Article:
If you live in an American city, chances are, you’ve got a bone or two to pick with your local public transportation network. Whether you’re sweating it out in a stalled subway car or waiting in the rain for a bus that never seems to come when it’s supposed to, it seems like there’s hardly a major metro out there that’s meeting all of its citizens’ community transit needs. And if you tend to view the world through a social justice lens, the picture looks even more grim: inconvenience aside, a broken public transportation system is a total disaster for the working poor, for whom a late light rail can mean the difference between making it to work on time and putting food on the table for your family.
So it’s probably not a surprise that for many segments of the American left, increasing transit funding is a top priority—and any opposition or skepticism must be quashed if we want our cities (and our neighbors) to thrive. In a recent episode of Hasan Minhaj’s Netflix-based news and politics show, The Patriot Act, the comedian took that threat seriously, delving into the dark money forces working to shape our transit debate (hint: rhymes with “Woke Mothers”) and the policy roadblocks that stop direly-needed transit funding from reaching our cities. With our most vulnerable neighbors’ health, wealth and social mobility on the line, Minhaj argues, it’s crucial that we cut through the noise of all the anti-transit arguments out there, stop calling everything a boondoggle, and just build more transit—and do it, like, yesterday.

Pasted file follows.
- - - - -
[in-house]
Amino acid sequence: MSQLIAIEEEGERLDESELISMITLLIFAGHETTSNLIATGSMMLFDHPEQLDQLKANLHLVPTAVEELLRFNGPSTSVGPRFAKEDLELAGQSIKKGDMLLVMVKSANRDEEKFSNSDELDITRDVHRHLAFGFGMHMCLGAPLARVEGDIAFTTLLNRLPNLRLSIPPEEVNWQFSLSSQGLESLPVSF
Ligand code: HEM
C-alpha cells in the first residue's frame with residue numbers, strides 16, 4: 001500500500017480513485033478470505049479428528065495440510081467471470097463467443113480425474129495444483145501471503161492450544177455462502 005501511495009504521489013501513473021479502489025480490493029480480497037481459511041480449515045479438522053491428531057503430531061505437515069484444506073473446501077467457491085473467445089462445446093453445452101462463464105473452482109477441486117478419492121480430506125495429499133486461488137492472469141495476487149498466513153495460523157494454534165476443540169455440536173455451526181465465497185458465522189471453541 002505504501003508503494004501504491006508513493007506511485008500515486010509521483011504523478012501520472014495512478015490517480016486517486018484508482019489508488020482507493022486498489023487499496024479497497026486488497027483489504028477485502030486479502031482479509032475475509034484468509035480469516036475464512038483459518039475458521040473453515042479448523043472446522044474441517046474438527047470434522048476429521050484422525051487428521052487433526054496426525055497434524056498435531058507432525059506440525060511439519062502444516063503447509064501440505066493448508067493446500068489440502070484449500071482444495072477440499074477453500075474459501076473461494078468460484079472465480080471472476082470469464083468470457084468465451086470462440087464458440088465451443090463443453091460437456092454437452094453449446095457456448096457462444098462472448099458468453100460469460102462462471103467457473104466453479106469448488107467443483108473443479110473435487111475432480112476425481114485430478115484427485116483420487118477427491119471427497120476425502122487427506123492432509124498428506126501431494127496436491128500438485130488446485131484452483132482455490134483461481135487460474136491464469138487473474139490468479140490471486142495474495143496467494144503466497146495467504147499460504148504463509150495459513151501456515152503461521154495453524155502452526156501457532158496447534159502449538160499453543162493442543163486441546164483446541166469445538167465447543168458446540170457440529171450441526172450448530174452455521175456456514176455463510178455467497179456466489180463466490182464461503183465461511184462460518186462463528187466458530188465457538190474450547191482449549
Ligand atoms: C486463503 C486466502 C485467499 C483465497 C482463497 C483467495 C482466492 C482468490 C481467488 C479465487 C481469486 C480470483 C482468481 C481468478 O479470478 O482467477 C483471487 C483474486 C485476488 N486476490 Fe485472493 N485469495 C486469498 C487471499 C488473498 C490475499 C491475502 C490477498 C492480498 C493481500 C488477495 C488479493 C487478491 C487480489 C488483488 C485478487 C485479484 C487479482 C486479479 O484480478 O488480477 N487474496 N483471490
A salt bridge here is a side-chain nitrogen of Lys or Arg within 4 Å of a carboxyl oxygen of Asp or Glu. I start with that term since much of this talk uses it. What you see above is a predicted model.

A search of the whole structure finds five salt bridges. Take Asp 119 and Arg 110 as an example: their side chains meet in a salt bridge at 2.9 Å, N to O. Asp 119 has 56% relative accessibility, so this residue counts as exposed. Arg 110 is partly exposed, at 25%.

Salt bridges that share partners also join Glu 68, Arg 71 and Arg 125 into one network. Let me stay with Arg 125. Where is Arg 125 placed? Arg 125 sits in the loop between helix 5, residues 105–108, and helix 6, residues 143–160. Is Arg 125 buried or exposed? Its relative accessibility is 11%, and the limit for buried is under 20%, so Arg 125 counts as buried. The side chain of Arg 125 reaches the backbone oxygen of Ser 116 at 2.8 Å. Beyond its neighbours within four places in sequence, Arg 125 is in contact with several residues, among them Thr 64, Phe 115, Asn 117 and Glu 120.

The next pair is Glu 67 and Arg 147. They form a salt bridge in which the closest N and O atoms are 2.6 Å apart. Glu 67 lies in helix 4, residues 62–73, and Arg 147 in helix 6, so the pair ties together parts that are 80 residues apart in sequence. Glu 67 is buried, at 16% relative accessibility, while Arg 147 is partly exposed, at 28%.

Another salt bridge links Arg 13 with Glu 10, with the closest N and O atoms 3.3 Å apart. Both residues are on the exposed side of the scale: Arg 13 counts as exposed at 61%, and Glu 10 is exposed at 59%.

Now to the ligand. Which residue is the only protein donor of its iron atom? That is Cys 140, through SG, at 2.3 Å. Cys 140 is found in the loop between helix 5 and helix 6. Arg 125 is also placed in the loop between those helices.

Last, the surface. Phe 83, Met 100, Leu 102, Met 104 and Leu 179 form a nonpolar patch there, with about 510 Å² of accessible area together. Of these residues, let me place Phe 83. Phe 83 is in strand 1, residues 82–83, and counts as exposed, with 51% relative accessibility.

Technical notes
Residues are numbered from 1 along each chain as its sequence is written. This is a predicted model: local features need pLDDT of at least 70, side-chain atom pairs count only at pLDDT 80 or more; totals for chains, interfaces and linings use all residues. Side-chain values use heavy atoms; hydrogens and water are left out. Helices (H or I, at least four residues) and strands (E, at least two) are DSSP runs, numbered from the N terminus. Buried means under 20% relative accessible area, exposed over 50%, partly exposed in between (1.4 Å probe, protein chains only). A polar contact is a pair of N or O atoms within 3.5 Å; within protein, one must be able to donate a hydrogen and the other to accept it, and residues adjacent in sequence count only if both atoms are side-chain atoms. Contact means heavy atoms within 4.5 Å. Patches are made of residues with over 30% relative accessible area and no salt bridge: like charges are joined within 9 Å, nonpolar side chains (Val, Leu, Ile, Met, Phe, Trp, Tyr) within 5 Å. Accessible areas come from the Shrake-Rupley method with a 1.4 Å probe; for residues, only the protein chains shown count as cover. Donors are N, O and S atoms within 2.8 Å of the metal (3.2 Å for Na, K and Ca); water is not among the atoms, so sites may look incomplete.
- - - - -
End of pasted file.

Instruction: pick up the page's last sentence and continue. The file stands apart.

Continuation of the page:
Here’s the thing, though: replace the word "transit” with “auto infrastructure,” and replace “the Koch Brothers” with ”[insert ominous liberal dark money group du jour]”, and all of those arguments could be put in the mouths of the political right. Seriously: check out this ridiculous video from the conservative Prager U if you don’t believe us.
Today on Upzoned, hosts Chuck and Kea explore why the loudest voices on both the left and the right get it wrong when it comes to public transportation. And along the way, they tell you how to spot the real transit boondoggles (yes, they exist, even if they’re not as numerous as their road-project boondoggle counterparts), why making our cities easier for all our neighbors to get around might mean not funding that mega-project train (or that mega-highway project, ahem), and what it will really take to build a transportation network that makes our cities financially stronger, not weaker (hint: it has to do with our buildings, not our streets or our subway tunnels.)